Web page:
Buying a house is a major financial transaction. So, it makes sense that you’d want to take your time and not rush into anything. Unfortunately, though, buying a house also requires you to act fast, especially in a competitive market. If you spend too much time deliberating, you may lose the house to a buyer who’s quicker than you and makes an offer while you’re still thinking it over. In other words, the home buying process can sometimes make you feel like you have to rush. This is particularly true for buyers who haven’t been through the experience before and don’t know exactly what to expect. That’s what a recent survey of homeowners found, anyway, The survey – which asked homeowners for their views on homeownership and their regrets and expectations – found that the vast majority of young homeowners (between 18 and 34 years old) had at least one regret about their home. And, among those regrets, feeling like they rushed their decision and didn’t have a chance to consider all the options earned the top spot. In fact, 29 percent of young homeowners said they regret rushing the process. By comparison, just 12 percent of older buyers said they felt rushed. More here.
There are a lot of numbers to keep in mind when considering how much house you can afford. For starters, there’s the home’s price, your potential down payment, current mortgage rates, and the monthly payment. From just those numbers alone, you can get an idea of what is within your reach and what will bust your budget. Fortunately for today’s home buyers, new data shows that, if you’re a potential buyer currently calculating what you might be able to buy, you’re likely to find affordability conditions are more favorable than they’ve been in more than a year. In fact, Black Knight’s latest Mortgage Monitor Reports shows that, not only is home price growth now below its 25-year average, the monthly payment required for an average-priced house with 20 percent down is $1,173. That’s a six percent decline from where it was just six months ago. In other words, there are a number of positive trends that have made buying a home as affordable as it’s been in over a year and, in most markets, home buyers can expect to find improved conditions as we enter the summer sales season. More here.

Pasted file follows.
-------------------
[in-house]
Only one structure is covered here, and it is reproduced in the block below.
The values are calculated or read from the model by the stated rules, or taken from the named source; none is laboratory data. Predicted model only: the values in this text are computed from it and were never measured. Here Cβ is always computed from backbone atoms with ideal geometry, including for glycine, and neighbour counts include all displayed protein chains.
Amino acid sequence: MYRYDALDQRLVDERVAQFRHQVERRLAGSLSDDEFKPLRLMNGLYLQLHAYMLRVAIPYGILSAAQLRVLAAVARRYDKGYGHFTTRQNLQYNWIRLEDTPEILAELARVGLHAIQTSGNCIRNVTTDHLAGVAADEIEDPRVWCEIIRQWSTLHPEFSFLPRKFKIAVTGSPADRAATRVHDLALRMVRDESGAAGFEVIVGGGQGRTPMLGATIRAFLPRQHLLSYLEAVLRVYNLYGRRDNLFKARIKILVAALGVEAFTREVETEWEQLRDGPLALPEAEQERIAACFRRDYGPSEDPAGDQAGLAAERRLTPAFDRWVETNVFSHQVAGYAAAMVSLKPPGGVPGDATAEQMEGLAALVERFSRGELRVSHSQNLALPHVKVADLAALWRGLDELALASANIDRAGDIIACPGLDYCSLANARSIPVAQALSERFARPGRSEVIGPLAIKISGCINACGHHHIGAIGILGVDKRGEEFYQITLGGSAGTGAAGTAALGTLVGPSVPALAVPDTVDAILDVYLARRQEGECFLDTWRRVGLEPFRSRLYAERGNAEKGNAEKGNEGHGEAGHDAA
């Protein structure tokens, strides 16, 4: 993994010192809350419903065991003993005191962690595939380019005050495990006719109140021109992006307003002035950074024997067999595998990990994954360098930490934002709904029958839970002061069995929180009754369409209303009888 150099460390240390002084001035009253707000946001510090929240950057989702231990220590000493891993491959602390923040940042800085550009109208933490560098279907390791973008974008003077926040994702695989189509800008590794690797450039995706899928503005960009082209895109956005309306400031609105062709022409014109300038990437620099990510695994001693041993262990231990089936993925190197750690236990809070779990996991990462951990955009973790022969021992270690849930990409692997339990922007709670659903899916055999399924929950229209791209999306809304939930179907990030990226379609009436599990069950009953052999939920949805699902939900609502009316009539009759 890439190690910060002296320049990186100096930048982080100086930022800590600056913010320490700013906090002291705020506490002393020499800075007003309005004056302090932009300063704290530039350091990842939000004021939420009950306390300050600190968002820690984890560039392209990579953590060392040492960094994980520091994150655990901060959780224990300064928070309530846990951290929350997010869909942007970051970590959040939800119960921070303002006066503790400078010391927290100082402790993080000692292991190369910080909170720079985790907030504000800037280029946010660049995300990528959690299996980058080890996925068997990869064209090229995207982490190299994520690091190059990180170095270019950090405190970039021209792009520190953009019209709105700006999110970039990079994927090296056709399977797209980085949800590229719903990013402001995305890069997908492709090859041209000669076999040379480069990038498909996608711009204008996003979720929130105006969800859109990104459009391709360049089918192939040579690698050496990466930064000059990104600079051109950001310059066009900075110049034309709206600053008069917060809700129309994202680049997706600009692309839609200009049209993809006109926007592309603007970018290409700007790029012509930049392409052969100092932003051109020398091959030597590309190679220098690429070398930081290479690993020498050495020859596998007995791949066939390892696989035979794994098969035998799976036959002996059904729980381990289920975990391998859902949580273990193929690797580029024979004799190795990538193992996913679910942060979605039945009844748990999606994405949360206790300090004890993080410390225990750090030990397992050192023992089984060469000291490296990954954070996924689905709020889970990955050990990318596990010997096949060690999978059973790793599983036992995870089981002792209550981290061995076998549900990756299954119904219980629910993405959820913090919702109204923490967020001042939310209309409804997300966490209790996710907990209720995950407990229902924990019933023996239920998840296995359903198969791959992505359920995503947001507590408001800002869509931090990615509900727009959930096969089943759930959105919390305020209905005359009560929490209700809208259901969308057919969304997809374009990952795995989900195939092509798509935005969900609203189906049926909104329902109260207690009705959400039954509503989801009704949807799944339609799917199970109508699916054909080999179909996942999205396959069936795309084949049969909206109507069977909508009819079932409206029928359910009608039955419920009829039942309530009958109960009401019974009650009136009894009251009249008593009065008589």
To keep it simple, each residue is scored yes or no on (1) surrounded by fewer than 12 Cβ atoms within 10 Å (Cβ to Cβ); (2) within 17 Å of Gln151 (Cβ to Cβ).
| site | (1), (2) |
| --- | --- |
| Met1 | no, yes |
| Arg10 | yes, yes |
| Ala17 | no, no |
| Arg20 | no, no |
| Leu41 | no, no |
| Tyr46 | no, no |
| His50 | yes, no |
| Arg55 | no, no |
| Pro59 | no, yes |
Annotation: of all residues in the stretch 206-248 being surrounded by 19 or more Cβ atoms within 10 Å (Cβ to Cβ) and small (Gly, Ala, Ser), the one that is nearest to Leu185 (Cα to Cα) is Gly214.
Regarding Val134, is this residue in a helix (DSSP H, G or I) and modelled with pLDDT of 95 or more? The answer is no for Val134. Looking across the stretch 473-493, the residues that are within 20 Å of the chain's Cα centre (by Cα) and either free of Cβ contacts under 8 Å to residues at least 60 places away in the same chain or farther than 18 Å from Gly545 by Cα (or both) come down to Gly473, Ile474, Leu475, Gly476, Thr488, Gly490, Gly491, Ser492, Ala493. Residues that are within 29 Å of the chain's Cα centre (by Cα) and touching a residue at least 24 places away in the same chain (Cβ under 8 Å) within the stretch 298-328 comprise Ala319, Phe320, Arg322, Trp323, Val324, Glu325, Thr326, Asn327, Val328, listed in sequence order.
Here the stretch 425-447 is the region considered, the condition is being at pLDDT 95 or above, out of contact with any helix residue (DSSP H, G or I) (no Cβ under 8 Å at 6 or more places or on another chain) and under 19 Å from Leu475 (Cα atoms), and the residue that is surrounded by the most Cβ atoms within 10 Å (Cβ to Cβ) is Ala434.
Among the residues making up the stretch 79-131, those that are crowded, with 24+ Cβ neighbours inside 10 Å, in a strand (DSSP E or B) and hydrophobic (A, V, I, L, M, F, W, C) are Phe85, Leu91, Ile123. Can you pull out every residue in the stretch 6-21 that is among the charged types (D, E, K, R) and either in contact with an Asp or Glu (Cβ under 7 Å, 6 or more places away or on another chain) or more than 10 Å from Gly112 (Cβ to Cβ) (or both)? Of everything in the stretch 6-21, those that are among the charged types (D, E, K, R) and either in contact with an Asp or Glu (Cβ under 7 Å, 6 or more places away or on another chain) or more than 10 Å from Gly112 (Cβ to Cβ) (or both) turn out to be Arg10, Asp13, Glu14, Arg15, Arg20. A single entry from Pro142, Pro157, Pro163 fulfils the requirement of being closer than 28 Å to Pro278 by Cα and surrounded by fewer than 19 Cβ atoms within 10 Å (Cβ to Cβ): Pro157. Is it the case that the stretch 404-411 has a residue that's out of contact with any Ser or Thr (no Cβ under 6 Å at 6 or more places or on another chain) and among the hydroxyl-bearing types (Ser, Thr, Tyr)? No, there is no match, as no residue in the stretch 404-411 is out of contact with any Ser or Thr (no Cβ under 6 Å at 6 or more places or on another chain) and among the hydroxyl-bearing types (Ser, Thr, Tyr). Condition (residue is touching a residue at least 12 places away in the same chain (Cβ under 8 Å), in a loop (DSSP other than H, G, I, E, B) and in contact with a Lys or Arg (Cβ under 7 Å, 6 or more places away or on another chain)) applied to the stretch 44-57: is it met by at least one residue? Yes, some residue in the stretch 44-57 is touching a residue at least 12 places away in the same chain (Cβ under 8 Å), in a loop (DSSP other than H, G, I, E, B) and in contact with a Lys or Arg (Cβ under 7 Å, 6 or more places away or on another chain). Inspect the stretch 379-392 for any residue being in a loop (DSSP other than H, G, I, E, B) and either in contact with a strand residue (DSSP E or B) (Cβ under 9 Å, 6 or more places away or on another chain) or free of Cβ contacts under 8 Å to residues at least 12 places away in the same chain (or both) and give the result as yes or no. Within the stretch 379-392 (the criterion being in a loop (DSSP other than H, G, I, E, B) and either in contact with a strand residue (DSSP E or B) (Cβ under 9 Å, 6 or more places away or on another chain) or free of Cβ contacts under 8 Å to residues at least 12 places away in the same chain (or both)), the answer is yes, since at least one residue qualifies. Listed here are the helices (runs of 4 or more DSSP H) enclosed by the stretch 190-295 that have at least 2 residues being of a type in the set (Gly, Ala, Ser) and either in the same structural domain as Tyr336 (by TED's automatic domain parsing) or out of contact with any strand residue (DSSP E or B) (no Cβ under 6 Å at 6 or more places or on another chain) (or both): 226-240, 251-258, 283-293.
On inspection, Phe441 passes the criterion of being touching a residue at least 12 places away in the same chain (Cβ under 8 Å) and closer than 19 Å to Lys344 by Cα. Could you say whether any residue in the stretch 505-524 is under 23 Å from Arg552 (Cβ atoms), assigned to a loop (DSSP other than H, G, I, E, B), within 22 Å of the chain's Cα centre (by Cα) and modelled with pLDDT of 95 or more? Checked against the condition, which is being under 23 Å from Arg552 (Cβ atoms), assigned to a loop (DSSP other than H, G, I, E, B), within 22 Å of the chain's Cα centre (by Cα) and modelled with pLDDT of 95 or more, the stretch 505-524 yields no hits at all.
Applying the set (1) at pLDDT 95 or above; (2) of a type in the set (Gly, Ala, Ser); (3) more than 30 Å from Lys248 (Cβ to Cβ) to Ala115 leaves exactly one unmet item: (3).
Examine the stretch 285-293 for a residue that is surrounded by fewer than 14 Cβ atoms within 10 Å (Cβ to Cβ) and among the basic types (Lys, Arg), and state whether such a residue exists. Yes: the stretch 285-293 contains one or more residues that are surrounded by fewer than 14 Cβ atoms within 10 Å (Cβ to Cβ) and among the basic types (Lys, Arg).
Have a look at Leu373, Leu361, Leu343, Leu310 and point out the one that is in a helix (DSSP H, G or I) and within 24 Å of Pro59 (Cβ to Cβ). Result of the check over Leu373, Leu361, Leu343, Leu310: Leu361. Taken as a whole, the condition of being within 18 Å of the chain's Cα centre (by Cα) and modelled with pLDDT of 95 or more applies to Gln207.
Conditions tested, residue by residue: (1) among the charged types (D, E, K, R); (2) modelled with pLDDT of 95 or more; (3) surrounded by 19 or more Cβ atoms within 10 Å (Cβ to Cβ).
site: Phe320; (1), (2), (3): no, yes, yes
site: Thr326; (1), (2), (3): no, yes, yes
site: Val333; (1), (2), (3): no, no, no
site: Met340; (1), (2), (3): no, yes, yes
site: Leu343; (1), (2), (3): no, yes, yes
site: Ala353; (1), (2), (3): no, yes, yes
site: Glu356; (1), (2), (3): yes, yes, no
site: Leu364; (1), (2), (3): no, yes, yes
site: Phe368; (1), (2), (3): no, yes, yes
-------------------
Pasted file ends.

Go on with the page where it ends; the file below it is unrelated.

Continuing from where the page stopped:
Americans consistently rank proximity to family among the factors they consider when choosing a home to buy. After all, it’s only natural that we want to live near the people we love. But, according to one new survey, though we want to live close to our family, we don’t want to be too close. In fact, the vast majority of respondents said that there should be some driving distance between where they live and where their parents do. More specifically, participants said they’d prefer somewhere between 15 and 45 minutes of driving distance between them and their family members. In other words, close enough to visit regularly but not close enough for unannounced pop-ins. But whether you’d prefer your family to be right down the street or an hour away, it is something to consider. While it’s easy to get caught up in the specs and details of the home you’re thinking of buying, considering how its location works with your life and lifestyle can be just as important to making a good choice as getting the right number of bedrooms. More here.